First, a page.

Wednesday, 30 October 2013

Molly Worthen on American Evangelicalism

Cover for 
Apostles of Reason
After completing the lecture notes for my upcoming spring courses, I wanted to read one of the many books that have recently arrived in the mail. Last night I finished Molly Worthen's Apostles of Reason: The Crisis of Authority in American Evangelicalism. This is an incredibly important book on the apparent paradoxes of evangelical Christianity, supplementing the recent work of other scholars, including Darren Dochuk, Larry Eskridge, Barry Hankins, Michael Lindsay, Randall Stephens, and David Swartz. Worthen offers an astute picture of modern evangelicalism from a critical perspective. While presenting evangelicalism as an extremely influential movement in the spread of global Christianity, Worthen does not hold back from targeting what she sees as weaknesses in this particular brand of faith.

Worthen is essentially critical of American evangelicals for wanting it all: reason and faith, the sovereignty of God and free will, salvation by grace and good works, and shielding themselves from secularism while being taken seriously in the world in which they live. A core argument in Apostles of Reason is Worthen's stance that American evangelicals are sheep without a shepherd. Whereas Roman Catholics can turn to the pope for leadership and guidance on ecclesial matters, evangelicals appear to be a scattered group of independent minds. Worthen writes, "The problem with evangelical intellectual life is not that its participants obey authority... The problem is that evangelicals attempt to obey multiple authorities at the same time" (258). Drawing on the work of Randall Stephens's and Karl Giberson's recent book The Anointed, Worthen reiterates that some of the loudest and most visible prophets of evangelical Christianity have had a greater influence on the conservative populace than respectable scholars such as Alvin Plantinga, Nicholas Wolterstorff, Nathan Hatch, George Marsden, and Mark Noll (see chapter 11).

An example of the multiple voices involved in evangelicalism can be seen in their interpretation of scripture. Although all evangelical Christians claim the Bible as their authority, they struggle to come to a consensus on how scripture is inspired. Should the Bible simply be touted ambiguously as "God's Word," or does it need a precise definition as inerrant or infallible? Is it heretical to speak of the "Word of God" contained in the Bible, in the way that Karl Barth theorized? Is the Bible a "storehouse of facts," according to what Charles Hodge proposed, or should it be accepted as more mysterious and feeling-oriented? These are some of the questions that Worthen identifies as causing sometimes fierce confrontations between evangelicals, who cannot reach an agreement that meets their Christian "worldview."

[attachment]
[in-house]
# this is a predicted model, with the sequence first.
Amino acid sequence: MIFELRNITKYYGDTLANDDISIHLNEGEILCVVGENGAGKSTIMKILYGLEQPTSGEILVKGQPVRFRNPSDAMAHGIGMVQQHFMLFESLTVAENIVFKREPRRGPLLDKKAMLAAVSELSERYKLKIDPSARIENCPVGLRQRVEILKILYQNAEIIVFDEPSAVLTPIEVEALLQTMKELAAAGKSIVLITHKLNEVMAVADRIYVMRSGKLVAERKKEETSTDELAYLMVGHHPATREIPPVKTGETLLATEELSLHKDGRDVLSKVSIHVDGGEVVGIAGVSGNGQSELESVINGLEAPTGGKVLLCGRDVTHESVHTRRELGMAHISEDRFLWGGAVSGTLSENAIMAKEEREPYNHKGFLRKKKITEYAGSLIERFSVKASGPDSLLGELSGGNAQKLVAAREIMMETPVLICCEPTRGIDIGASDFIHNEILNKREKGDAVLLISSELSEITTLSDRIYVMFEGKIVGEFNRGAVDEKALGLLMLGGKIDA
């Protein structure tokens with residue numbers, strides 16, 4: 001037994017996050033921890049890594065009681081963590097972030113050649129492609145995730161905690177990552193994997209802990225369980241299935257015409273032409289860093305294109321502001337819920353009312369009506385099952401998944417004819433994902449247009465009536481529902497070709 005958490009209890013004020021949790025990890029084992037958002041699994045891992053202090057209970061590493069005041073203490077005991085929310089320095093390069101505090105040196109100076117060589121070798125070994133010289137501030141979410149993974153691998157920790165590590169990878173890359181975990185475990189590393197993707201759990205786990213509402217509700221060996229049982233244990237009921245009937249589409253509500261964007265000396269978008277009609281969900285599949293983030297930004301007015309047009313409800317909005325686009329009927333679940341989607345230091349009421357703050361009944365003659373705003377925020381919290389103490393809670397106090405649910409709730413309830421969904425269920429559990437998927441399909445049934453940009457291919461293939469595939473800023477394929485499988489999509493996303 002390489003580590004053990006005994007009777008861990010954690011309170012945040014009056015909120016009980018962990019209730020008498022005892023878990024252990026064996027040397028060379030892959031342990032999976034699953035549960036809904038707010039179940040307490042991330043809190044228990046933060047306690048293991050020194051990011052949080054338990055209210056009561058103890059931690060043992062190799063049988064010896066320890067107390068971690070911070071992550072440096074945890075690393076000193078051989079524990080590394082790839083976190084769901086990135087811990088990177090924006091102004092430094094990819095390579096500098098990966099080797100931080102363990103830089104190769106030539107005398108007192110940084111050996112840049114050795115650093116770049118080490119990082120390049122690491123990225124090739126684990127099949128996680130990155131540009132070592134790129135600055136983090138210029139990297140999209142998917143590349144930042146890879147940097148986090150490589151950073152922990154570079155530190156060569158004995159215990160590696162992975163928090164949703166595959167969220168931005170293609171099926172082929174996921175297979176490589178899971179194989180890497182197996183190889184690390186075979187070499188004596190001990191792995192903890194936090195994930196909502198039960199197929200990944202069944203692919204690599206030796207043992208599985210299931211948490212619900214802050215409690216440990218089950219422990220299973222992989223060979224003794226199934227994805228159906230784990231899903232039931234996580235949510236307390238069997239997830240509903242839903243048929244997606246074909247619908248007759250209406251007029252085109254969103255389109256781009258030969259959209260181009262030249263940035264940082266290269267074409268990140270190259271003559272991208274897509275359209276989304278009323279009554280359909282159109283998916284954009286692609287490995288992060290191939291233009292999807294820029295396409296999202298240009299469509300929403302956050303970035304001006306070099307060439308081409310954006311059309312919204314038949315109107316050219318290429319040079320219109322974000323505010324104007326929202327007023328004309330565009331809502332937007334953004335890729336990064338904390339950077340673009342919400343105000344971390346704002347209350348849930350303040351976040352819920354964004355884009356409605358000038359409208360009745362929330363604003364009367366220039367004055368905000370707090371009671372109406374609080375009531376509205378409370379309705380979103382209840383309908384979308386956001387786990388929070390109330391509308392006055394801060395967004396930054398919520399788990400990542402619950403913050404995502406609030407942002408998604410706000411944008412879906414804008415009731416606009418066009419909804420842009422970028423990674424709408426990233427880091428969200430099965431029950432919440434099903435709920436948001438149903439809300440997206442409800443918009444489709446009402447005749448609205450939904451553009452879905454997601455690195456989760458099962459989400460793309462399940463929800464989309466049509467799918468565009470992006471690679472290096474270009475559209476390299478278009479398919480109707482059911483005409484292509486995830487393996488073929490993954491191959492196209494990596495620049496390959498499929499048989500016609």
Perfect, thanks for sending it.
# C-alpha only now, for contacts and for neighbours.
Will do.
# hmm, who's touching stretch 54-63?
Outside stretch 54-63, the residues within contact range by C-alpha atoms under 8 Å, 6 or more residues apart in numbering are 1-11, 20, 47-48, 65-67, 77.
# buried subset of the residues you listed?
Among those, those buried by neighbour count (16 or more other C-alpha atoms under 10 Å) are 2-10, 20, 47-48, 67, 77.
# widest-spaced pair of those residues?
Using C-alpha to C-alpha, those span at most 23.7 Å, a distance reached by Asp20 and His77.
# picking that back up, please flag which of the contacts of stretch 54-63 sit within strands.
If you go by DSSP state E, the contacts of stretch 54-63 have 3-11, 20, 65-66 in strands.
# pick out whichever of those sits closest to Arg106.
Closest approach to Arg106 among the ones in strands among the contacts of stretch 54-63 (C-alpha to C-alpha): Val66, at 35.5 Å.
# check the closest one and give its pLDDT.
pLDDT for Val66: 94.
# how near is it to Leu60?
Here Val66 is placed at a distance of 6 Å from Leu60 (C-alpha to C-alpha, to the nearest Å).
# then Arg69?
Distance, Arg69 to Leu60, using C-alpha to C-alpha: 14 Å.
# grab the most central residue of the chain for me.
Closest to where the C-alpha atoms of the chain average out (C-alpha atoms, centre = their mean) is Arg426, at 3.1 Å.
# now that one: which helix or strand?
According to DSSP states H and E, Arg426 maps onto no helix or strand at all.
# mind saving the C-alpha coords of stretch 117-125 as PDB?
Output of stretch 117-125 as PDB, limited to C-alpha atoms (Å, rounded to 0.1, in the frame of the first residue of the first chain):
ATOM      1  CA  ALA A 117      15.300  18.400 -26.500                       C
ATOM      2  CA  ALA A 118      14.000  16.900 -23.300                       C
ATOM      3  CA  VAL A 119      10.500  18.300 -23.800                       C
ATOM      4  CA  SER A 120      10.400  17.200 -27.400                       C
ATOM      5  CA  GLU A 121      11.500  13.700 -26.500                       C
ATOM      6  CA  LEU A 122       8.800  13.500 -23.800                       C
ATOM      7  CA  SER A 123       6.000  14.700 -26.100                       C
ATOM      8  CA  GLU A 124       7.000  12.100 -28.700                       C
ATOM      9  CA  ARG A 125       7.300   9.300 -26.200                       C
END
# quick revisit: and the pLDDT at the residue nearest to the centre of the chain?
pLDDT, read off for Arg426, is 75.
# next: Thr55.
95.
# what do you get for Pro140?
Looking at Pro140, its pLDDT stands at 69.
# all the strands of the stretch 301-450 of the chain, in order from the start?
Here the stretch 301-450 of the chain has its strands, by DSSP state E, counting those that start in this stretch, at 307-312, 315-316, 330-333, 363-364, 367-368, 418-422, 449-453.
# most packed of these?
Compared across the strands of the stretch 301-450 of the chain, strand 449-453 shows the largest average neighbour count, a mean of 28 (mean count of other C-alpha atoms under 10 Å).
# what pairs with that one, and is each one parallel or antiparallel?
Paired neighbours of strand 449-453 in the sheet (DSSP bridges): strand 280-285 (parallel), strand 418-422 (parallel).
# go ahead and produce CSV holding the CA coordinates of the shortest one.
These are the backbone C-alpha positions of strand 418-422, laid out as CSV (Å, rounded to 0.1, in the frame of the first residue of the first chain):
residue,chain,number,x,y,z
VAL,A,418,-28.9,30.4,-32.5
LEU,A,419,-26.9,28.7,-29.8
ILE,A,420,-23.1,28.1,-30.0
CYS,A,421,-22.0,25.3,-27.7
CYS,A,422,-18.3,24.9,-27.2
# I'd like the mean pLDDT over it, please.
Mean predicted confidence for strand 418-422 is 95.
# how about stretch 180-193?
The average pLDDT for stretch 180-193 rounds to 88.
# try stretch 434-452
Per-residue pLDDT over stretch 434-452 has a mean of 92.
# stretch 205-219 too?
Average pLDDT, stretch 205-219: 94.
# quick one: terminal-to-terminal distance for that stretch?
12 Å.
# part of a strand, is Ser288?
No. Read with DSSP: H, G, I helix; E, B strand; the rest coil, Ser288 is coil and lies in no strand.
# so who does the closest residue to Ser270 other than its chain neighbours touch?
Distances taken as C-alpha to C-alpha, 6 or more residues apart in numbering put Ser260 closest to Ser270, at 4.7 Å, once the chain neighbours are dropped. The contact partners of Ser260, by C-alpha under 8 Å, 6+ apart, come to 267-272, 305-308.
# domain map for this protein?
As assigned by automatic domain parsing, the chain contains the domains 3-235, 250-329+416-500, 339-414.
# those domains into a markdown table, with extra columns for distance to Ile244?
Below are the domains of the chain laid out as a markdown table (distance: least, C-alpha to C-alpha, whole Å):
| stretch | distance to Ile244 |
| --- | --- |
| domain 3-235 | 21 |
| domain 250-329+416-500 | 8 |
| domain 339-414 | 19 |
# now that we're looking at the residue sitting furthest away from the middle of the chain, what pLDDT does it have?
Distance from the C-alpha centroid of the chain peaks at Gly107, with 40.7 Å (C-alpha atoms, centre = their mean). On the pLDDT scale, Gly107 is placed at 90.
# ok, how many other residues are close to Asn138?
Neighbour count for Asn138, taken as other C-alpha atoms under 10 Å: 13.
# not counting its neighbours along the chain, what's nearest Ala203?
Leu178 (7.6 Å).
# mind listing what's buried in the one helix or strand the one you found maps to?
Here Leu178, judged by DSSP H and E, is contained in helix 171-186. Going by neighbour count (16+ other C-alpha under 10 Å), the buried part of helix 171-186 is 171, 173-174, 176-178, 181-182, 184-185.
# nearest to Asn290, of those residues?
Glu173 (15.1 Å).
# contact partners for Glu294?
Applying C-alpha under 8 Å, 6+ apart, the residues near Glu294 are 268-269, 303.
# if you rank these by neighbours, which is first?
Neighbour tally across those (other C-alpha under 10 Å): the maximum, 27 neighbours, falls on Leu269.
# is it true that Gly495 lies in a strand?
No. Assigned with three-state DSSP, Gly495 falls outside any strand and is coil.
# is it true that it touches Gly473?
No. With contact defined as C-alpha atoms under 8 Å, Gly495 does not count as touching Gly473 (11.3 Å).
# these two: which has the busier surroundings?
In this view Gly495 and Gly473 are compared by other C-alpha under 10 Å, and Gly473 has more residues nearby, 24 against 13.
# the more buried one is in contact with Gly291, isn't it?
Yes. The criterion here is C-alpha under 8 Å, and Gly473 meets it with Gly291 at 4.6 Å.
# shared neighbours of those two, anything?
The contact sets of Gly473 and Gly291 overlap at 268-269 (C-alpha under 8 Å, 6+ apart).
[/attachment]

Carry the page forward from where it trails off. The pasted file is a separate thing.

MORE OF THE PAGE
Throughout Apostles of Reason Worthen presents the rebels of evangelicalism--the minority groups who promoted the theology of Karl Barth and social activism, rejected Republican politics, wrote edgy newspaper columns in school papers, used nude models in art classes, heralded C.S. Lewis's imaginative outlook on Christianity, and welcomed the mysterious and liturgical practices of Anglicanism and Eastern Orthodoxy--as the heroes of modern evangelicalism. The villains of the story then become the fact-finding, legalistic, rapture-seeking, Enlightenment-based thinkers who stubbornly refuse to squash all traces of twentieth-century Fundamentalism. The subtle suggestion of Worthen seems to be this: for evangelicalism to be accepted in the mainstream as a intellectually-respectable movement, its adherents must be willing to challenge the norms of accepted Christian practices and ways of thinking, making adjustments to their views on the Bible, reason, philosophy, science, and theology as progress is made in these fields.

What I appreciate most about Apostles of Reason is Worthen's ability to offer new insight into modern evangelicalism. While telling the typical story of how the Christian Right emerged at the end of the 1970s to enter politics, and how Billy Graham and neo-evangelicals of the 1950s began gaining media attention in their revival meetings and with the founding of Christianity Today, colleges and seminaries such as Fuller (chapters 1 and 3), Worthen offers a much more extensive and original thesis than what scholars have grown accustomed to reading when it comes to narratives about the history of modern evangelicalism.

I highly recommend Apostles of Reason as a cutting-edge history of modern evangelical Christianity. It will be interesting to see how the book is received by scholars and educated laypeople within the evangelical community. 

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